On reasons to say yes – or no – to a role:
“I think there are a million different reasons to say yes. A big paycheque is a reason to say yes, even when you know it won’t be the most rewarding material. I’ve learned over the years to listen to my gut. When I don’t listen to my gut, I really regret it, and I go into it because of a paycheque, and even with the paycheque I think, ‘Ah, it doesn’t feel right.’ If it’s great on the page, or a director or actor that I admire, those would be a reasons to do it. I’ve done favours for friends, so there’s a bunch of different reasons to do it, and there are equally as many reasons not to do something. But for me, I like meat. I like playing darker, heavier characters. I’ve always liked to be challenged, and scared.”

On his short-lived career as a boy soprano:
“As a very young kid, I was a boy soprano. I was a member of a very famous children’s chorus called the Glen Ellyn Children’s Chorus and I performed in Carnegie Hall and toured and worked with the Chicago Symphony Orchestra and worked on these massive symphonic choral pieces. It was incredible. Of course, then your voice changes and you’re out in the cold.”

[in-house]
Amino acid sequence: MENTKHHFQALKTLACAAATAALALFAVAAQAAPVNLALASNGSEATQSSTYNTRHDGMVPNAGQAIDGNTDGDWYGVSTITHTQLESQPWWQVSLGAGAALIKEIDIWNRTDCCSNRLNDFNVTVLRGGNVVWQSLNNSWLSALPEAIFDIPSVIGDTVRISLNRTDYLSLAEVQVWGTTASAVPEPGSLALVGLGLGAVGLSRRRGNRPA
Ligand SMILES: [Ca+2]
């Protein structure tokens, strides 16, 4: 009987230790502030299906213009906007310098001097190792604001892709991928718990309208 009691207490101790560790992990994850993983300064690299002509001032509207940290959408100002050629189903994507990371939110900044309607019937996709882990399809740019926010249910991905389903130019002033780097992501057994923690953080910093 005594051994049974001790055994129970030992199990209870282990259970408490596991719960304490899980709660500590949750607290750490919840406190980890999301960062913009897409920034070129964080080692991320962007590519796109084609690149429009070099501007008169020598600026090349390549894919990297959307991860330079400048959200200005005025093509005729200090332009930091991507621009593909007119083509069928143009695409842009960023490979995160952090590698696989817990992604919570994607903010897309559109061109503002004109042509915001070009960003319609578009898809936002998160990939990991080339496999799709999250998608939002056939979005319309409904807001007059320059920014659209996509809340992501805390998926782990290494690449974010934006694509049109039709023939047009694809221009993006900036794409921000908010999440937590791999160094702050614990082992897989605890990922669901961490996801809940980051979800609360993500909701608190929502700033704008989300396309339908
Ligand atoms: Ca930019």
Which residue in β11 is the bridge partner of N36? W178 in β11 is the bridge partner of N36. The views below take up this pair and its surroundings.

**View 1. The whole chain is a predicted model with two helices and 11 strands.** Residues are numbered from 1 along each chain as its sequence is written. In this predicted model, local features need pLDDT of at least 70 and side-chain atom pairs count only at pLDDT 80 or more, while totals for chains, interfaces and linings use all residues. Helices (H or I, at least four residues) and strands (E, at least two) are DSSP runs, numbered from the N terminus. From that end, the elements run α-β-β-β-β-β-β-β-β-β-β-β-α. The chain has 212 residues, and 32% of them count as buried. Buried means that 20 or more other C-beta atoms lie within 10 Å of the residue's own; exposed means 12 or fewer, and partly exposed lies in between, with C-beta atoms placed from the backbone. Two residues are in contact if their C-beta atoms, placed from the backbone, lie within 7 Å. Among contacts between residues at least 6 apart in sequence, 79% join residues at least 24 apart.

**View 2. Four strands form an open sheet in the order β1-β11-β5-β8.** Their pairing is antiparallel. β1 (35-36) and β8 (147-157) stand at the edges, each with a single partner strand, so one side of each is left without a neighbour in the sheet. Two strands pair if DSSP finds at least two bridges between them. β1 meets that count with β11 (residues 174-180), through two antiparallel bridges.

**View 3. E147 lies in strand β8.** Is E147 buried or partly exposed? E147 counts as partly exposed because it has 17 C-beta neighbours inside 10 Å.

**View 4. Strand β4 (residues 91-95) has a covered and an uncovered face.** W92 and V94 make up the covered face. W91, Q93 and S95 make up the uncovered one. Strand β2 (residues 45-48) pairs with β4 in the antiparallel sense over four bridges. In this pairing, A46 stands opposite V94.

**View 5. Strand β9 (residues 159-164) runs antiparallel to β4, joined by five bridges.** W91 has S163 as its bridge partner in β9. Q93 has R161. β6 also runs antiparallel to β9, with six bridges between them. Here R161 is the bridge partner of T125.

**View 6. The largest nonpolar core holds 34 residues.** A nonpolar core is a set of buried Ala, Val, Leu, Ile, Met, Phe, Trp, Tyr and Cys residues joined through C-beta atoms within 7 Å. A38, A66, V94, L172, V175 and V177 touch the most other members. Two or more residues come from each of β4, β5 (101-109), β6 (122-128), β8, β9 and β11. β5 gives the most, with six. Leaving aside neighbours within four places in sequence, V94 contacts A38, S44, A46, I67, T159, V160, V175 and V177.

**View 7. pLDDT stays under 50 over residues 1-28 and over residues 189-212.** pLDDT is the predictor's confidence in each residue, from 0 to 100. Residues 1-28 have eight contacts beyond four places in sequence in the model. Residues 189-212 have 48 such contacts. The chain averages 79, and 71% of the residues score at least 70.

On when he’s happiest at work:
“I had a blast with Norman [on The Romeo Section]. I’m happiest when I’m on stage, in front of an audience, because something happens. [For Angels in America], we’re now working in a room with just our staff, but then you put it on stage, and you bring an audience in, and they change it. They teach you what you don’t know about the character, what’s coming across, and so for me, I’ve never lost that love of being on the stage. I love great writing. That’s my thing. I love the camaraderie. I’m having a gas on Girlfriends’ Guide [to Divorce]. I’m doing love scenes. I’m doing naked love scenes, which is, I know! At 55, you’d think they would learn, but I just love doing it. I love doing it. But those characters like Norman, if [Chris] Haddock would write a Norman series, I would sign up in a heartbeat to do that."